Posted by Thomas Phinney

 Comments (1)

Created

December 2, 2005

One of the things we had kind of left behind in the migration to OpenType was compatibility. More specifically, we renamed all our fonts so that people could use the OpenType versions alongside the old Type 1 versions. Making them deliberately not compatible then freed us to extend kerning, expand the character set a bit, and make other fixes and changes of varying degrees.

But still, people want to know which OpenType fonts match which Type 1 fonts, and what will happen if they take existing documents and replace the old fonts with the new ones (which of course means changing style definitions or using search and replace). Will they get reflow, and how much? First, we did documents about mapping from Type 1 (including multiple master) fonts to OpenType: a short HTML doc for MM to OpenType, and a huge PDF for regular Type 1 to OpenType.

Then, just a couple of weeks ago I finished a long and complicated migration FAQ on compatibility, reflow, and what exactly we changed. I’ve been working on this on and off for months, just as a background task, adding more things as I thought of them. It’s still not perfect – for example, I left out explanations about pi fonts, or at least linking to the pi font readme, which I should have done.

So, I expect I will continue to evolve the migation/compatibility FAQ for a year or two, and I welcome feedback for future revisions. Feel free to post your comments here.

(BTW, everything is linked from our main OpenType page.)

COMMENTS

  • By Darryl Zurn - 8:36 PM on April 25, 2006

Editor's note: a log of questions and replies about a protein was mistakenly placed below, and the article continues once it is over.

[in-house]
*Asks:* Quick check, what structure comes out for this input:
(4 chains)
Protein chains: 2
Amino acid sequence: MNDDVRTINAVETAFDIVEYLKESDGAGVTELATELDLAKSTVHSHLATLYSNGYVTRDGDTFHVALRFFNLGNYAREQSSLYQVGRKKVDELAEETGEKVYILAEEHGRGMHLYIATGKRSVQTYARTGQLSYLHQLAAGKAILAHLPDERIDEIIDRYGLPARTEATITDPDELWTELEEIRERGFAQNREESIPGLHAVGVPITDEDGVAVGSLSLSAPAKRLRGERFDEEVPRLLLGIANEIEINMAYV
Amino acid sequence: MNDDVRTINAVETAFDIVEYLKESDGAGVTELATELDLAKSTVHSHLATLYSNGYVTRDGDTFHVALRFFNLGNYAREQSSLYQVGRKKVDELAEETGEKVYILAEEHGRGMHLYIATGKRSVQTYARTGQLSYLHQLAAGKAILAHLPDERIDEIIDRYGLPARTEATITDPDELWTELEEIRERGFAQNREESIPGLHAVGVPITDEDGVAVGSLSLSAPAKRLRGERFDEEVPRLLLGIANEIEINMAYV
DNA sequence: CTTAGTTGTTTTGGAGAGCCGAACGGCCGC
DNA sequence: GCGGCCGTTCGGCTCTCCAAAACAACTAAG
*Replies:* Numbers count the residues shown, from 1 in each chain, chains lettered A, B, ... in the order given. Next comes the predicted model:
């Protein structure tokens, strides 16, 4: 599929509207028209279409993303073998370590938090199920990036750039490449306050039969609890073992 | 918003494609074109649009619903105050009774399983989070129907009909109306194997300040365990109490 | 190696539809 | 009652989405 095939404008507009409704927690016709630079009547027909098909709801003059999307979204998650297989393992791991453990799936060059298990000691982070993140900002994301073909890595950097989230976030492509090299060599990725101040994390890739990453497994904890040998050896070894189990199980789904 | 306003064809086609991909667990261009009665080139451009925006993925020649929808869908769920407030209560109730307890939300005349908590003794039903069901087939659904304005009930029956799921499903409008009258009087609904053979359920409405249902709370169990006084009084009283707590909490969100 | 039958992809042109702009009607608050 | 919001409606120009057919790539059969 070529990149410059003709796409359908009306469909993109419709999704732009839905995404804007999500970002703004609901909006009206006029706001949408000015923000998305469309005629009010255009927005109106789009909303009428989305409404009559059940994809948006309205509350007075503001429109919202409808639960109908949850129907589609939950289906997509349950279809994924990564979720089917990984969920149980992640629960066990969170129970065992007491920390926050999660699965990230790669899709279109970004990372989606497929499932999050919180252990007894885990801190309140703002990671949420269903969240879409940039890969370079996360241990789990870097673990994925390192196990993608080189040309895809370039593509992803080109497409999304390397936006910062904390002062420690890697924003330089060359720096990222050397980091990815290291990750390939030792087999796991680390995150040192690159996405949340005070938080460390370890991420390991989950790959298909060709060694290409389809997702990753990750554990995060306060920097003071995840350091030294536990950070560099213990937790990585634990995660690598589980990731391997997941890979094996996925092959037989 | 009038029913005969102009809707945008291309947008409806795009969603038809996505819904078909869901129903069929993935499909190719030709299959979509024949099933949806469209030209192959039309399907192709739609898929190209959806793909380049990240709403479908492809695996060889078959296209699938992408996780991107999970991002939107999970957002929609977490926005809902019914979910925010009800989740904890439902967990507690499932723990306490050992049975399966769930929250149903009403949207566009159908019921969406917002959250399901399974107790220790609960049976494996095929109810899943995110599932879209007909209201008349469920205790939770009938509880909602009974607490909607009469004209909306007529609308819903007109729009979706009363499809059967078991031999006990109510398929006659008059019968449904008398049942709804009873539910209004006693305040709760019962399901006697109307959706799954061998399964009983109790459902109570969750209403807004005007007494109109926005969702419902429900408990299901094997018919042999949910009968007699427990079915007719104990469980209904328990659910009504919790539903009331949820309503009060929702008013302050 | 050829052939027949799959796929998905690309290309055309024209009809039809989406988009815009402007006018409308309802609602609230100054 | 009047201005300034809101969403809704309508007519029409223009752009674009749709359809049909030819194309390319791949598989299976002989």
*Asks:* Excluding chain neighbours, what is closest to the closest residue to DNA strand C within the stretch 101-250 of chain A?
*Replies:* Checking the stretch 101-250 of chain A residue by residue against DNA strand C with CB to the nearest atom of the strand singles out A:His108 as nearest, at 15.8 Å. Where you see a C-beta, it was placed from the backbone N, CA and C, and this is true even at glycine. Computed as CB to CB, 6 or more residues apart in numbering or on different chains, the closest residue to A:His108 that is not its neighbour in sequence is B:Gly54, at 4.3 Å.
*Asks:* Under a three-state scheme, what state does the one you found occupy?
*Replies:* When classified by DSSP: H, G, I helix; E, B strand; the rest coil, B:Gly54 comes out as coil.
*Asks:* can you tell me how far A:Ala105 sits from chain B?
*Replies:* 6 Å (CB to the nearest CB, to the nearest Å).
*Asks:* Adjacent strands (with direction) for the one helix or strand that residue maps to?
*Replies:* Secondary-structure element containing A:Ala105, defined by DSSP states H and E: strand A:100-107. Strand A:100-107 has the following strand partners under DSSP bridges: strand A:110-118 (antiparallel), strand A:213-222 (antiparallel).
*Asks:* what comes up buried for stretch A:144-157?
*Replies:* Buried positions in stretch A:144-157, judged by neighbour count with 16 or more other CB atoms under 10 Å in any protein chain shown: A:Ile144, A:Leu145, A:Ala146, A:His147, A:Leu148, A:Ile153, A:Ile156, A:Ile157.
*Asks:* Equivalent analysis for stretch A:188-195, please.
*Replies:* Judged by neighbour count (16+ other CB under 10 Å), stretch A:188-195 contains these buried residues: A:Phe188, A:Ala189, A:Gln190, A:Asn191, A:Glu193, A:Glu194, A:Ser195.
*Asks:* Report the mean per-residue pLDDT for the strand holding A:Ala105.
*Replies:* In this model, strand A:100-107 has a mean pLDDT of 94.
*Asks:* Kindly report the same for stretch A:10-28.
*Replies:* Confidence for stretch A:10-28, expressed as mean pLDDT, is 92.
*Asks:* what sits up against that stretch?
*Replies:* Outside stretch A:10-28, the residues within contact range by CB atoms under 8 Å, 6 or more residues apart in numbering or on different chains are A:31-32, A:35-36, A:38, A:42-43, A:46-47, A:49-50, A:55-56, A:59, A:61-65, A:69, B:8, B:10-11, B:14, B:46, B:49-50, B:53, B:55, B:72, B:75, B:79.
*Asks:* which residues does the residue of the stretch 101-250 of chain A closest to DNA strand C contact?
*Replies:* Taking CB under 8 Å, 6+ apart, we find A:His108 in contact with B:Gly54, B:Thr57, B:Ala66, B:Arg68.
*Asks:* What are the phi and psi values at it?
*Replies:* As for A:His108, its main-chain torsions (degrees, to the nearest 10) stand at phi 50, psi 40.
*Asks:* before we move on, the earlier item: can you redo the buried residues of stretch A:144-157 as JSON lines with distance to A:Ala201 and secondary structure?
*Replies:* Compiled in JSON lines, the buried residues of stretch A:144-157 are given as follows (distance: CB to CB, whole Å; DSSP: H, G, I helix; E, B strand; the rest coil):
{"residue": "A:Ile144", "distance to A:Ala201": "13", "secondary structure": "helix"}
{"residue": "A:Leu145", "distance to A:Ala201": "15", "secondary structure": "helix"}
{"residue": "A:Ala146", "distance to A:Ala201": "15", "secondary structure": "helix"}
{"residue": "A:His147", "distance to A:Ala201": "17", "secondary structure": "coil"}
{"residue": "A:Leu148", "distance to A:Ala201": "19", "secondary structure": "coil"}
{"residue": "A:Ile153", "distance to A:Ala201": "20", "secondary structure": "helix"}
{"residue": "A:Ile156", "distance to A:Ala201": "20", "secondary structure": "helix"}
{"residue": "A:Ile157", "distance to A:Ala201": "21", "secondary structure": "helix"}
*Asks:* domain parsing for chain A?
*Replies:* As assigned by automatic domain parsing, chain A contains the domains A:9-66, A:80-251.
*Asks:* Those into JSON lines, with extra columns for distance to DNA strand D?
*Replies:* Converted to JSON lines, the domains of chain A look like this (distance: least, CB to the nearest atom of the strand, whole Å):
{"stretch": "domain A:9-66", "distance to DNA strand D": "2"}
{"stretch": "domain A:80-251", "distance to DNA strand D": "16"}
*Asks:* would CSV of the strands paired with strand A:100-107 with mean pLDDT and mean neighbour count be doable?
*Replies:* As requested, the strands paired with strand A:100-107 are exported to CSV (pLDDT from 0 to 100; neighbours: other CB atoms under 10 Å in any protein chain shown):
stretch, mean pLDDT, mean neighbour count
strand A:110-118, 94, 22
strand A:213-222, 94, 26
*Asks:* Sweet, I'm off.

Sorry to delve back into your old old blog stuff, but I continue to be interested in the Pi font/Unicode text encodings and this piqued my interest when I read the Pi font PDF from this link.I have created about 50 different Pi fonts for my company’s use, showing everything from LCD displays to keypad keys to packaging logos. Most are Type 1 fonts with all the pi characters stuffed into the slots normally used for regular alphabetic characters. Even my OpenType fonts have no good Unicode slots (where’d I put the company logo or the “Prime” key??) so they follow the same pattern of using normal alphabetic slots.And now we are going to be experiencing the big content management system engulfment. All our (InDesign) documents will be chunked and exported as Unicode text as grist for the CMS mill.I considered doing a huge new OpenType monster using the User Area for Unicode. That way we can search all documents that use, for example, the French keypad’s “start/stop” key (“ArrĂȘt/Marche”). Mapping that to a Unicode U+99DA or some such sounds really tempting. But the document conversion would be truly a massive undertaking.I guess I’m just asking for any ideas that people have for this type of retro-fit. Even making new individual fonts that have each glyph in its old legacy slot (a-zA-Z etc) and ADD a reference in random Unicode UA slots. I can see a lifetime of using the Character Palette to get anything else done, so I guess I’m kind of stuck and have to hope for a rational CMS solution here.Darryl Zurn